A Layman’s Cosmology: Speculation on the Origin of Existence and God
Cosmology is the study of the origin, evolution and eventual fate of the universe. It is studied by both scientists and philosophers, can include scientific and non-scientific propositions, and may depend upon assumptions that cannot be tested.
Here, I offer a speculative layman’s cosmology which does not claim to present a scientifically verifiable conclusion on this subject. I adopt a more philosophical point of view. However, as much as possible, I believe we should seriously take into account leading scientific theories of the day.
Although the existence of God has neither been proven nor disproven, from a scientific point of view, my thoughts on existence stem from a layman’s logic, intuition and common sense which indicate that a Creator, rather than chance, is the origin not only of all things, but necessarily of all principles and orderliness of the world around us.
Not from randomness or chaos do the stars and planets in the sky stay put in their individual orbits day after day, year after year, but by the mathematical plan of a Creator. This is not just a belief, but a logical notion — a reasonable outcome of probability — that the chances are more likely the universe came about through the existence of a purposeful intellect than by some extraordinary accident.
This conclusion has been held by some of the most prominent astrophysicists, mathematicians and other scientists, including Fred Hoyle, Cambridge University astrophysicist, and Owen Gingerich, senior astronomer at the Smithsonian Astrophysical Observatory.
Writing on this very point, Roger Penrose, Oxford University mathematical physicist, said,
“…the only alternative to the universe arising from chance is for it to have arisen deliberately. Deliberate action requires a conscious creator (read: God). And for those who are still tempted to conclude that our universe is just the result of a very extremely improbable accident, I explain in “Why God? Why not just plain luck?” why bare probability (chance), alone, can never cause anything… let alone the creation of a universe.”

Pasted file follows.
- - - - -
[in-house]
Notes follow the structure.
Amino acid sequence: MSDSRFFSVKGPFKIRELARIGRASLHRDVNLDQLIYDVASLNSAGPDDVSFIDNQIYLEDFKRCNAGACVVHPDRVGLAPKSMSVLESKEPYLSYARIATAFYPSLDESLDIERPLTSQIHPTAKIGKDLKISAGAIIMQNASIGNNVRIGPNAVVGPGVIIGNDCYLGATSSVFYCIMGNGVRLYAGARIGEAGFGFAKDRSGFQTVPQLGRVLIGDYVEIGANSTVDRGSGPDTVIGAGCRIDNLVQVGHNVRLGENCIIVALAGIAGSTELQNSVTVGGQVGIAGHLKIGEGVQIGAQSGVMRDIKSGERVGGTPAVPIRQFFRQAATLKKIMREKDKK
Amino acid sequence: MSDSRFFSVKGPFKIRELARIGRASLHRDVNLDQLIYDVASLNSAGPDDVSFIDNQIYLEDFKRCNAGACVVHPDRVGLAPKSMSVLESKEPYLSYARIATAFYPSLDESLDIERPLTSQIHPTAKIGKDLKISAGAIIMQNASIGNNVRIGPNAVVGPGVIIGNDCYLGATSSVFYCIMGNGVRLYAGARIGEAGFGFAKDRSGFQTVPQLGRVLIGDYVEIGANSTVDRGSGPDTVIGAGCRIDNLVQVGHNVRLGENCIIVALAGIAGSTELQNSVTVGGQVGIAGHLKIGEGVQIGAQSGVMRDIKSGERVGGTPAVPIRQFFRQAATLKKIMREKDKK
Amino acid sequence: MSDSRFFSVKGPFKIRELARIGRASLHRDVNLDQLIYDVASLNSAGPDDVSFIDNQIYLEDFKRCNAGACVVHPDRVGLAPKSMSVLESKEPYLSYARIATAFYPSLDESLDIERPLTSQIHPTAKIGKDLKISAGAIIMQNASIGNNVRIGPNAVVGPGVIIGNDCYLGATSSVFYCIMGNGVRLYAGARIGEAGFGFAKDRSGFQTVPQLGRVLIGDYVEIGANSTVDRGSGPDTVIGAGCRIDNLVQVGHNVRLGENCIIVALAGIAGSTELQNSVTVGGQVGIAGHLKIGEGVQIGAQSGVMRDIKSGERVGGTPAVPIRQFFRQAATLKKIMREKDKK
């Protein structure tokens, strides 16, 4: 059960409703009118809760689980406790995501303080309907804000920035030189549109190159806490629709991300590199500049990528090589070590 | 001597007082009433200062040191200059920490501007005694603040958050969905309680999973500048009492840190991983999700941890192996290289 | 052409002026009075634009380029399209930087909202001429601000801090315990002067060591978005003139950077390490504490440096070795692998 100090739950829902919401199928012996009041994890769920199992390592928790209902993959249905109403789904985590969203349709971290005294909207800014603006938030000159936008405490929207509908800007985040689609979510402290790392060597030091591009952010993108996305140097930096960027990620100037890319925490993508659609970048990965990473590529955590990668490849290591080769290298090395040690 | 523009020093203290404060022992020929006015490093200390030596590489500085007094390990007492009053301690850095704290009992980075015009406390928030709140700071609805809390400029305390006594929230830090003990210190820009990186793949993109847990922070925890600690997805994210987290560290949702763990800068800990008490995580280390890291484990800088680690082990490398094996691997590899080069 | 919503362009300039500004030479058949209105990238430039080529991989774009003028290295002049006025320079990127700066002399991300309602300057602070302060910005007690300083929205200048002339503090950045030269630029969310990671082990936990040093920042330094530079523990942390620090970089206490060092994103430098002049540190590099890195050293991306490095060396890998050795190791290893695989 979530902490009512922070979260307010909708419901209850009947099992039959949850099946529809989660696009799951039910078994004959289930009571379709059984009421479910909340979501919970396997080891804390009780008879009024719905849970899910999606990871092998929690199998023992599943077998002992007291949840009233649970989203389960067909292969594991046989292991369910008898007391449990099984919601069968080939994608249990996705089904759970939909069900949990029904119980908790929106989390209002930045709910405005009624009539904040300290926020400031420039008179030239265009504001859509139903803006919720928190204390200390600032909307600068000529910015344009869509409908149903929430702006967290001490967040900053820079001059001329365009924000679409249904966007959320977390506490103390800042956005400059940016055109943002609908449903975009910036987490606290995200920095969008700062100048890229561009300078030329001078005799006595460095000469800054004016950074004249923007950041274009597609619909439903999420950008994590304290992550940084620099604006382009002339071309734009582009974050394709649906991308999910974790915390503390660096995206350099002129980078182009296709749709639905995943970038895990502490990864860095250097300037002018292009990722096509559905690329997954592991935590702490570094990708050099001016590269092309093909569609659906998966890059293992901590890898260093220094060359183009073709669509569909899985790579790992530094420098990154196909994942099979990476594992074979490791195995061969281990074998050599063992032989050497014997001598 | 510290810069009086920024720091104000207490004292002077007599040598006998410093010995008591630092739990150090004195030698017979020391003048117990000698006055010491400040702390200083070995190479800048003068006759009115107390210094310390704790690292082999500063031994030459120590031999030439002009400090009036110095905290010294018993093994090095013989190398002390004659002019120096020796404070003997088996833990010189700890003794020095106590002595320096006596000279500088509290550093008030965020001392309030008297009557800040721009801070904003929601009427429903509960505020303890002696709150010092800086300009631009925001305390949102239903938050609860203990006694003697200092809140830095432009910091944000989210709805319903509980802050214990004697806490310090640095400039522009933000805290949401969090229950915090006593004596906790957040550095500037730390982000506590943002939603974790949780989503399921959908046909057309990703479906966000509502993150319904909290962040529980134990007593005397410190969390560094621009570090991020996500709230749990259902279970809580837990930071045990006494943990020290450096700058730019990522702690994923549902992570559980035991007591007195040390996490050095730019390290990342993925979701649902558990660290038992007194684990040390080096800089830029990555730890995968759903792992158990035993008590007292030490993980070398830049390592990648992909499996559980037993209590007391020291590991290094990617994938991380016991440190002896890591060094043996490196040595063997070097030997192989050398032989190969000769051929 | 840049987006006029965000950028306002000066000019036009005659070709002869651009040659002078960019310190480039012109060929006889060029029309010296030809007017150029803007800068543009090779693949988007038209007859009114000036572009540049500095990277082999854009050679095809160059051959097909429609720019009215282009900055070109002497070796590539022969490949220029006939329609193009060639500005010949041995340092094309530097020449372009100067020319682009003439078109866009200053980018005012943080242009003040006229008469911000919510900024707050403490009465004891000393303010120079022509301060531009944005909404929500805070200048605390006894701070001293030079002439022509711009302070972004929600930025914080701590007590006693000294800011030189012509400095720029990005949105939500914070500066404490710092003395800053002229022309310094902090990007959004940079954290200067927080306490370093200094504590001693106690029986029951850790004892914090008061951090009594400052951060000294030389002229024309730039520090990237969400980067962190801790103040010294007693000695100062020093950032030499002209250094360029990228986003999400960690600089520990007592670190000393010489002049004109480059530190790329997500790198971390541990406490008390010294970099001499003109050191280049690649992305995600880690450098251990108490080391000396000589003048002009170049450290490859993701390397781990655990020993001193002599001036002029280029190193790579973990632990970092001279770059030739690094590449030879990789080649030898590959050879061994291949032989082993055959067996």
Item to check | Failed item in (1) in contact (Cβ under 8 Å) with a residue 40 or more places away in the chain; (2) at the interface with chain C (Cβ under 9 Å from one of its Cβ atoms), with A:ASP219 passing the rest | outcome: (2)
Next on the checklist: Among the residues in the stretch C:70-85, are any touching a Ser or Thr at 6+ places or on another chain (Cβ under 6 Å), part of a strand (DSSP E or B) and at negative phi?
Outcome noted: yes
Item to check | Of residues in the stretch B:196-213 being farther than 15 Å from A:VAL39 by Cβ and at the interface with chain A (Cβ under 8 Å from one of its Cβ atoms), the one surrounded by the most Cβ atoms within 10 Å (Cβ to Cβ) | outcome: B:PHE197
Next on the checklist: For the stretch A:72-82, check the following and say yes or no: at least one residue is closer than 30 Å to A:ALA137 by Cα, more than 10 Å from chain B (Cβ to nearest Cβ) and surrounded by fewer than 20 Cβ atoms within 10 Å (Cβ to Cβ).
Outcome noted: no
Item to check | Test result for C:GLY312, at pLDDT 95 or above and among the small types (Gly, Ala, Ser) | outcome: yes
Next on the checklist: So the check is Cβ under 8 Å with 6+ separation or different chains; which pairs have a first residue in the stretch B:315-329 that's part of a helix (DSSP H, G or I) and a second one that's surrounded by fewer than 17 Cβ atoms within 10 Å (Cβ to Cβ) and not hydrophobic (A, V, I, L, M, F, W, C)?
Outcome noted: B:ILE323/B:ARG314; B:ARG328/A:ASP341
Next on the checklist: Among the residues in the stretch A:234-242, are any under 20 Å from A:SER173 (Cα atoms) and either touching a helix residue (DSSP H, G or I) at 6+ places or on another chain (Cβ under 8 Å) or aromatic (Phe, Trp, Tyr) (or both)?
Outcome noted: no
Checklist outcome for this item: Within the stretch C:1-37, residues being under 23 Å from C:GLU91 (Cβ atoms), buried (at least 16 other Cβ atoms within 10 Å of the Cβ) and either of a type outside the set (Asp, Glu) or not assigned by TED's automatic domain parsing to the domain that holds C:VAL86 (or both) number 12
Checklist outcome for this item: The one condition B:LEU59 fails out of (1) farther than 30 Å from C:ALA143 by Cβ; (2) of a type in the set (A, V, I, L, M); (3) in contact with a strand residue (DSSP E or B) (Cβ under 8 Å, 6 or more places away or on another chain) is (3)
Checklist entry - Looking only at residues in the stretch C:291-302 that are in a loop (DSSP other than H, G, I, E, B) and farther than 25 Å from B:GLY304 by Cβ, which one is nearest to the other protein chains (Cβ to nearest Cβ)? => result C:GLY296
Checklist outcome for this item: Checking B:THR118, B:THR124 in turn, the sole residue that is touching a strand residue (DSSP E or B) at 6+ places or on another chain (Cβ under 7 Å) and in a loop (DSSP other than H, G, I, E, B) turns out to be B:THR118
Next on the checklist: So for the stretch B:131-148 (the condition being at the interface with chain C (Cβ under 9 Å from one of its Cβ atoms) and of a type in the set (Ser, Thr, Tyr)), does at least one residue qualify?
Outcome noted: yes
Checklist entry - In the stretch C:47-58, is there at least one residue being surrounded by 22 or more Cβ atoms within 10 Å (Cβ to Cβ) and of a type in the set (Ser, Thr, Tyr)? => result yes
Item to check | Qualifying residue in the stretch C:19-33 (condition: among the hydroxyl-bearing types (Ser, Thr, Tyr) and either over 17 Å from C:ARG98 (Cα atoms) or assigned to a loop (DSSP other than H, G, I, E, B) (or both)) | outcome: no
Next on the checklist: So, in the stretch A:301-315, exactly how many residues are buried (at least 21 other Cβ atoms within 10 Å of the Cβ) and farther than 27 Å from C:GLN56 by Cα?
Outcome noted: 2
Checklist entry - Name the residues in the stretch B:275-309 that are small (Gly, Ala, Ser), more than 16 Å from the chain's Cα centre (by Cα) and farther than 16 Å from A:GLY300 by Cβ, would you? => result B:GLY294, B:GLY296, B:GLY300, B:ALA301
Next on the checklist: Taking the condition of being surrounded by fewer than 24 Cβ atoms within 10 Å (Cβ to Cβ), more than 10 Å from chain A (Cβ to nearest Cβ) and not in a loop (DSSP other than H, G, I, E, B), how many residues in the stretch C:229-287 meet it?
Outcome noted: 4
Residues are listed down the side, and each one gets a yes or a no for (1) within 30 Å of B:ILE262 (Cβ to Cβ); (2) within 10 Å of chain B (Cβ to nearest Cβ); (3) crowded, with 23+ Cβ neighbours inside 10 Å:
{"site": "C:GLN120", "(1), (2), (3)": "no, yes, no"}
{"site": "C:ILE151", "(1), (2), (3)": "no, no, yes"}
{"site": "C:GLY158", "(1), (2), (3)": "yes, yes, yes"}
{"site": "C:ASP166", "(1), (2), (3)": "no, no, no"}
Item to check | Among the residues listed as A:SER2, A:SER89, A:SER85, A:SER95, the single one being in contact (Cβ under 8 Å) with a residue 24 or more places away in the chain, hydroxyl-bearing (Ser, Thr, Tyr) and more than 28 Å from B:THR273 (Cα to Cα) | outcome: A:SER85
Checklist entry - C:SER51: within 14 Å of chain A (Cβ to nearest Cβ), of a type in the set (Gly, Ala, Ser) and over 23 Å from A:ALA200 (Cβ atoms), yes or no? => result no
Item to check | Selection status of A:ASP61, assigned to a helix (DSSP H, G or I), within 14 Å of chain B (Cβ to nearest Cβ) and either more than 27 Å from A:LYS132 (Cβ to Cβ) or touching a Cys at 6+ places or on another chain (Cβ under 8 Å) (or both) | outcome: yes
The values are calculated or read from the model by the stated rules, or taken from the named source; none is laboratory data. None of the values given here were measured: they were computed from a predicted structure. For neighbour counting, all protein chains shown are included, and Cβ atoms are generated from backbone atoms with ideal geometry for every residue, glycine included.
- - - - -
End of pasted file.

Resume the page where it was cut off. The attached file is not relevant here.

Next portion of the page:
Max Planck, originator of Quantum Theory, who was awarded the Nobel Prize in 1918 for his work, said,
“…All matter originates and exists only by virtue of a force which brings the particle of an atom to vibration and holds this most minute solar system of the atom together. We must assume behind this force the existence of a conscious and intelligent mind. This mind is the matrix of all matter.”
So, let’s start from the beginning. Where did the Creator come from?
The Origin of the Creator and the Universe
The ancient Greek philosopher Parmenides said something cannot come from nothing — a reasonable explanation for the layman of why “things” exist. It would seem reasonable to conclude that “something” always existed. We can call it Existence itself. If it always existed, Existence would be infinite — with no beginning and no end.
Most scientists say the universe began with the Big Bang some 13.8 billion years ago, and it has a constant amount of matter and energy, which neither increases nor decreases. They also say that the universe is expanding. However, in 1998, they discovered — much to their surprise — that it is expanding at an accelerating rate of speed.
Cosmologists have three basic theories about the shape of the universe and its ultimate fate: the Closed Universe, Open Universe and the Flat Universe.
In the Closed Universe theory, gravitation eventually stops the expansion of the universe, and it will implode on itself. It was a popular theory until scientists discovered the universe was accelerating. The Open Universe theory postulates the universe will die by either overwhelming heat, or a “Big Freeze,” and the Flat Universe theory predicts the same fate as in the Open Universe.
A layman’s cosmology speculates the Creator initiated the Big Bang and will continue to provide the matter and energy to allow the universe to expand and grow infinitely.
Layman’s logic considers that if the universe had a beginning, but Existence itself is infinite without a beginning or end, the force to accelerate the expansion of the Universe could be coming from some source of energy in Existence.
What then could be the force that produced the Big Bang and how did it develop?
This line of thinking, of course, is usually not in the realm of most scientific inquiry. Scientists generally do not speak about forces outside the universe that caused its beginning, since they presently have no way of testing any theories concerning what existed — if anything — before the Big Bang. But it has always been of great interest to philosophy.
There is, however, more recently another avenue of cosmological-type thought — popular in science fiction and among some physicists — called the multiverse, or many different “parallel universes” where people may live. But it is considered by many scientists as pure speculation, and not a hypothesis that fits within the normal scientific method of inquiry, since it cannot be proven or disproven. It is interesting though, that multiverse proponents point to Isaac Newton’s book Opticks (1704) which they believe support the multiverse notion. Newton wrote: